It was, after all, McPherson who set in motion such floundering efforts as “No Ordinary Family,” “Detroit 1-8-7” and “Better With You.”

But ABC certainly needs Lee, the affable, well-liked former ABC Family chief, to put his stamp on the schedule this year.

Coming into next season, developing some new dramas is of high priority, with aging stalwarts such as “Desperate Housewives,” Grey’s Anatomy” and “Brothers & Sisters” not what they used to be.

Few details had emerged regarding ABC’s plans as of Thursday, although the tawdry Darren Star hourlong “Good Christian Bitches,” a reboot of Charlie’s Angels starring Minka Kelly (right), and another Shonda Rhimes drama are among the pilots getting close looks.

So what will a Lee-branded schedule look like?

“We knew what the Steve McPherson brand looked like because Steve was someone who carried strong opinions,” said one former network chief. “While that made some people uneasy, it allowed and created a good degree of success for the network. Paul’s personality is more accommodating. Whether or not that will lead to success remains to be seen.”

Also read: CBS’ complete pilot slate

CBS has perhaps the most stable schedule in the business, which is to be expected for the leader among networks in audience size. It averages 11.65 million viewers per show, and is just behind market leader Fox in terms of drawing the all-important 18-49 demo.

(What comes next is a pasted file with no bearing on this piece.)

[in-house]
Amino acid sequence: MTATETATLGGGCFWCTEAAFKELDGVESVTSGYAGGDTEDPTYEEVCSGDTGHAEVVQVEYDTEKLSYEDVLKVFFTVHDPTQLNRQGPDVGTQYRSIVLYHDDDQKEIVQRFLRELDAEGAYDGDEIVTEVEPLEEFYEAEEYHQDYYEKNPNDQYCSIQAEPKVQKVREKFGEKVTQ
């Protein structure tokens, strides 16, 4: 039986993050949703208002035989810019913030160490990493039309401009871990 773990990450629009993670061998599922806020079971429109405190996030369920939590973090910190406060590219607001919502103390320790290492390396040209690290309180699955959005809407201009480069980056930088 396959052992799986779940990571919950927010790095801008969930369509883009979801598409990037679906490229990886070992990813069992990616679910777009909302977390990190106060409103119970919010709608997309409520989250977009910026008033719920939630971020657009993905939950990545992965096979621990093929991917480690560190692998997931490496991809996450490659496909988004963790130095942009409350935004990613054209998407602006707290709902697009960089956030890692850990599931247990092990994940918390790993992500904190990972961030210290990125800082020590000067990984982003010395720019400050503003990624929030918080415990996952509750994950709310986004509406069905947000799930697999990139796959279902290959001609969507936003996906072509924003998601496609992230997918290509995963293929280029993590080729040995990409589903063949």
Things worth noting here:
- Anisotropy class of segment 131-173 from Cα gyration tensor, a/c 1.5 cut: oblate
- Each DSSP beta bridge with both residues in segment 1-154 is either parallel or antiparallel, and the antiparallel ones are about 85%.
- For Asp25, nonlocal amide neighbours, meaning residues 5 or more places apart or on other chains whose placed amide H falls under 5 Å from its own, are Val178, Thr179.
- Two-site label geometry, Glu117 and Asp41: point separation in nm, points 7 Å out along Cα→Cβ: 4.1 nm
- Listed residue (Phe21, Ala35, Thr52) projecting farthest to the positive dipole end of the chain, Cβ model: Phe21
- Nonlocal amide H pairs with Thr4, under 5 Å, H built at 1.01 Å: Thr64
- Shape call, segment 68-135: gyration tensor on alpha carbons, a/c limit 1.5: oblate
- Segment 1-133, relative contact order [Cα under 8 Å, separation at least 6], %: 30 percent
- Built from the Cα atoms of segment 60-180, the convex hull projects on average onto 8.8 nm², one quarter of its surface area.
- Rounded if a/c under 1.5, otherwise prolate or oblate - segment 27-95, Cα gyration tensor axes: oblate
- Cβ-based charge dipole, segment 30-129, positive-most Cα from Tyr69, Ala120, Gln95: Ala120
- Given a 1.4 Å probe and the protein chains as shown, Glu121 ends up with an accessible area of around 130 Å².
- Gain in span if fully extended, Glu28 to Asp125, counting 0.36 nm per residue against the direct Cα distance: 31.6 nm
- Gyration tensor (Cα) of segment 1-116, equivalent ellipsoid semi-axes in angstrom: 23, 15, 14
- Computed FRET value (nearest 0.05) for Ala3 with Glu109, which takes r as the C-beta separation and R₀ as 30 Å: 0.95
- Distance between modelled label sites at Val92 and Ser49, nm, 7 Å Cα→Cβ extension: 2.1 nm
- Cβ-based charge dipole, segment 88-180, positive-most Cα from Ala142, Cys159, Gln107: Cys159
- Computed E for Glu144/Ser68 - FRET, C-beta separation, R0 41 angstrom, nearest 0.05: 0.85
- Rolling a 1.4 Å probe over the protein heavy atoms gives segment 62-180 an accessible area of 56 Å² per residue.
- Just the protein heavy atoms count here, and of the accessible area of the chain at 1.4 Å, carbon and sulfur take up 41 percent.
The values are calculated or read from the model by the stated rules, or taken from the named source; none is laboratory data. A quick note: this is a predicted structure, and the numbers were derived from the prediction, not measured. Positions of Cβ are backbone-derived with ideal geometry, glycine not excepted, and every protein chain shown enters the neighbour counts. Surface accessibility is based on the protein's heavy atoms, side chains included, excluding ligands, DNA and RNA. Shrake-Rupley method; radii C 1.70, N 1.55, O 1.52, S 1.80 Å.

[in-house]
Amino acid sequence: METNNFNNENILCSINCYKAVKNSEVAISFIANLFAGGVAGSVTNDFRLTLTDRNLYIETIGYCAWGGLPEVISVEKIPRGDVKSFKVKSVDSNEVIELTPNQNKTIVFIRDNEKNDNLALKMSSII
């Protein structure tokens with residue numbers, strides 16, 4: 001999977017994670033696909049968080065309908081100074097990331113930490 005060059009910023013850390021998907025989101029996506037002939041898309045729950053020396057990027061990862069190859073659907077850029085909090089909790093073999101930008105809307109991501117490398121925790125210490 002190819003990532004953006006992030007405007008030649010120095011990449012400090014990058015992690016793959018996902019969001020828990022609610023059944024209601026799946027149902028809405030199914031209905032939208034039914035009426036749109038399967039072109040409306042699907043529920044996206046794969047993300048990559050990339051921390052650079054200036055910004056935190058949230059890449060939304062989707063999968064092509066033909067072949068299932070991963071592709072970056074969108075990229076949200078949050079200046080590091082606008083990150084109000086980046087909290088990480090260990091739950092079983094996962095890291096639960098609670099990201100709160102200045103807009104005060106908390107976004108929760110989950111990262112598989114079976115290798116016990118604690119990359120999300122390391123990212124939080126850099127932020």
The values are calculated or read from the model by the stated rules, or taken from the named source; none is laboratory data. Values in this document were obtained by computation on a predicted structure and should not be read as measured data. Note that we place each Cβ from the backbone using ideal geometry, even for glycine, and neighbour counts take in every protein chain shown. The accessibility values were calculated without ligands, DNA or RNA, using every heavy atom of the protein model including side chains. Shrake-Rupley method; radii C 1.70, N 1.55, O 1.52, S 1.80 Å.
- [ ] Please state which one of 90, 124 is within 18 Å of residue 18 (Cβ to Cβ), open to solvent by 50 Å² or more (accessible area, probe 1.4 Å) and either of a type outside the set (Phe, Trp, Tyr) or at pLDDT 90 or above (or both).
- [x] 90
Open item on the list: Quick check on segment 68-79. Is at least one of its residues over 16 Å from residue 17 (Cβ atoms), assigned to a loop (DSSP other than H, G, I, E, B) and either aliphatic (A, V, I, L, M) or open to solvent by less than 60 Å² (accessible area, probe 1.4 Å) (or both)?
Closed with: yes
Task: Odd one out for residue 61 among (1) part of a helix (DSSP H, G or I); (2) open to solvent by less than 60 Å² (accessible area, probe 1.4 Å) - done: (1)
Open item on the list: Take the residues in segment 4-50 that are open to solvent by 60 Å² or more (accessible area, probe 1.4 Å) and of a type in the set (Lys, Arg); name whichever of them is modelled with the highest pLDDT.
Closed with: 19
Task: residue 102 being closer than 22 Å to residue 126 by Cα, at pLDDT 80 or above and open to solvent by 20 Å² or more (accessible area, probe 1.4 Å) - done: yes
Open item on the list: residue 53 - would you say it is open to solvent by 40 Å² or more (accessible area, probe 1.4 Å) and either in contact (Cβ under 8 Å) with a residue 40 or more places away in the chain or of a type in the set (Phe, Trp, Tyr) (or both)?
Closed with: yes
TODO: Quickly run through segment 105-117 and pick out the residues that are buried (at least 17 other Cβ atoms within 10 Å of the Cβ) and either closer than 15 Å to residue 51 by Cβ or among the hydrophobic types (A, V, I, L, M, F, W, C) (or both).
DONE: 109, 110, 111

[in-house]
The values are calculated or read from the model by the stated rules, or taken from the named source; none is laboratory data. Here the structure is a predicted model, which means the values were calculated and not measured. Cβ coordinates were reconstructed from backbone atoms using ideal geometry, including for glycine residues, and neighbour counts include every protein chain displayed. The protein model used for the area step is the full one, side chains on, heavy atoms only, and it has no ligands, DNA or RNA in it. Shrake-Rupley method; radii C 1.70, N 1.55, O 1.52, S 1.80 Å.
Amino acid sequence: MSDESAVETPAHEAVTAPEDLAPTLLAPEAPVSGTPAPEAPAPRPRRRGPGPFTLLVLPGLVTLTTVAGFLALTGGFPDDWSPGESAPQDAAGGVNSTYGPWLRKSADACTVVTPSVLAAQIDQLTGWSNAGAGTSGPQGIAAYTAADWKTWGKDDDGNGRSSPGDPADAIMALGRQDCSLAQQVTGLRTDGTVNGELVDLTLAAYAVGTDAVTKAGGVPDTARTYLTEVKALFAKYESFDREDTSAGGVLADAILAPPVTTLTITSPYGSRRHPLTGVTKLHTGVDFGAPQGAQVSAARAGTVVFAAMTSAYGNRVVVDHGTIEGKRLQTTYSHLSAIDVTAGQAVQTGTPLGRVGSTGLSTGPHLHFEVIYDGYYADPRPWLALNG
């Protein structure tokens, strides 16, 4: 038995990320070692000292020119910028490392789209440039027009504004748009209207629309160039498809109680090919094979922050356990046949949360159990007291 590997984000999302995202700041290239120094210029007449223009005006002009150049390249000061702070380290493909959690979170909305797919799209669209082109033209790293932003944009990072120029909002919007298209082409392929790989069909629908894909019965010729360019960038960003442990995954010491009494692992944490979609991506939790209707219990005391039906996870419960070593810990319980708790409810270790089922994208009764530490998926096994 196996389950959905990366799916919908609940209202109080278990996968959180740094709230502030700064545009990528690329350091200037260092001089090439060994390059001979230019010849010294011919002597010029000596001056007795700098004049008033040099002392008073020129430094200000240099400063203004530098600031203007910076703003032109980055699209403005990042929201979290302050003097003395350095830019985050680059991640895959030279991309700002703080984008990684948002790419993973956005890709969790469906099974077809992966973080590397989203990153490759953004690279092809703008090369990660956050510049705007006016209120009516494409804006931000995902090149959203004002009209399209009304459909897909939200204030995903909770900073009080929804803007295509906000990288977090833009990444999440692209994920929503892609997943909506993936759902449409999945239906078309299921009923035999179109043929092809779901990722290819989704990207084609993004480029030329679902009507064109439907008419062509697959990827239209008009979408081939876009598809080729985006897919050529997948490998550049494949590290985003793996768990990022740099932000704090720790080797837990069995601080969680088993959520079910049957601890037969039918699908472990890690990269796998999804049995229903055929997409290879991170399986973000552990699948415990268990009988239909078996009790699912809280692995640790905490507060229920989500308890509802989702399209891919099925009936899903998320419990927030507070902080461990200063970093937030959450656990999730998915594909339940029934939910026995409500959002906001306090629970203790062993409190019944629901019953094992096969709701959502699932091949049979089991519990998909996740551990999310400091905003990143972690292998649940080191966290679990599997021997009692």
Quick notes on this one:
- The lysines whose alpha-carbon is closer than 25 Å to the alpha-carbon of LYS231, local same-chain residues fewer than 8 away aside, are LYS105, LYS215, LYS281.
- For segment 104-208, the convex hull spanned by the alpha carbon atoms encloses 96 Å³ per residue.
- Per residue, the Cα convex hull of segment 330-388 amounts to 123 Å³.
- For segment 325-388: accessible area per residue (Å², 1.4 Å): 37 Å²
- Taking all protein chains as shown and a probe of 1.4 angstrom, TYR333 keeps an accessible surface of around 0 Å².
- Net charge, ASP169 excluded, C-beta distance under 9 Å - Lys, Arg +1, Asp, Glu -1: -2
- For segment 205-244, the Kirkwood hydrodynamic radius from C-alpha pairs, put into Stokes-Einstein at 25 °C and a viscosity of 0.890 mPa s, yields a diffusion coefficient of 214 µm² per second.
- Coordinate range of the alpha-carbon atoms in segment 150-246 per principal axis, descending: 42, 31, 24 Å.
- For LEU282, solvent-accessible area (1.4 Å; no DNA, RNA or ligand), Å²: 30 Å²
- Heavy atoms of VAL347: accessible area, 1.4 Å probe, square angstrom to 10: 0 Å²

Few details have emerged so far about CBS’ 2011-12 schedule. But on Wednesday, it was reported that the network plans to renew middle-of-the-ratings-road David Spade comedy “Rules of Engagement,” possibly leaving freshman William Shatner comedy $#*! My Dad Says” and freshman Jim Belushi legal dramedy “The Defenders” among the network's few bubble shows not renewed for 2011-12.

Still, CBS' venerable crop of procedurals includes potent-but-aging titles such as “CSI,” “NCIS” and “Criminal Minds.” And the reality slate of “Survivor” and “The Amazing Race” have been around long enough for Richard Hatch to do at least three prison sentences.

Oh, and there’s the little issue of replacing – or re-imagining sans Sheen – TV’s top comedy, “Two and a Half Men.” Figuring out what's going to anchor the network's potent Monday-night comedy block if the Warner Bros. TV series isn't re-configured has to be Job One, in fact.

So, when CBS delivers its upfront presentation Wednesday, expect the network to figure out some way to add new blood among all its established veterans.

Among CBS chief Les Moonves and Co.’s options: a drama pilot, “Ringer,” starring Buffy herself, Sarah Michelle Gellar (left); another J.J. Abrams-produced show featuring a Losty, Michael Emerson (title: “Person of Interest”); the Robert De Niro-produced cop drama “Rookies”; and a comedy developed by ESPN Radio morning-show host Colin “The Herd” Cowherd.

John Sellers contributed to this report.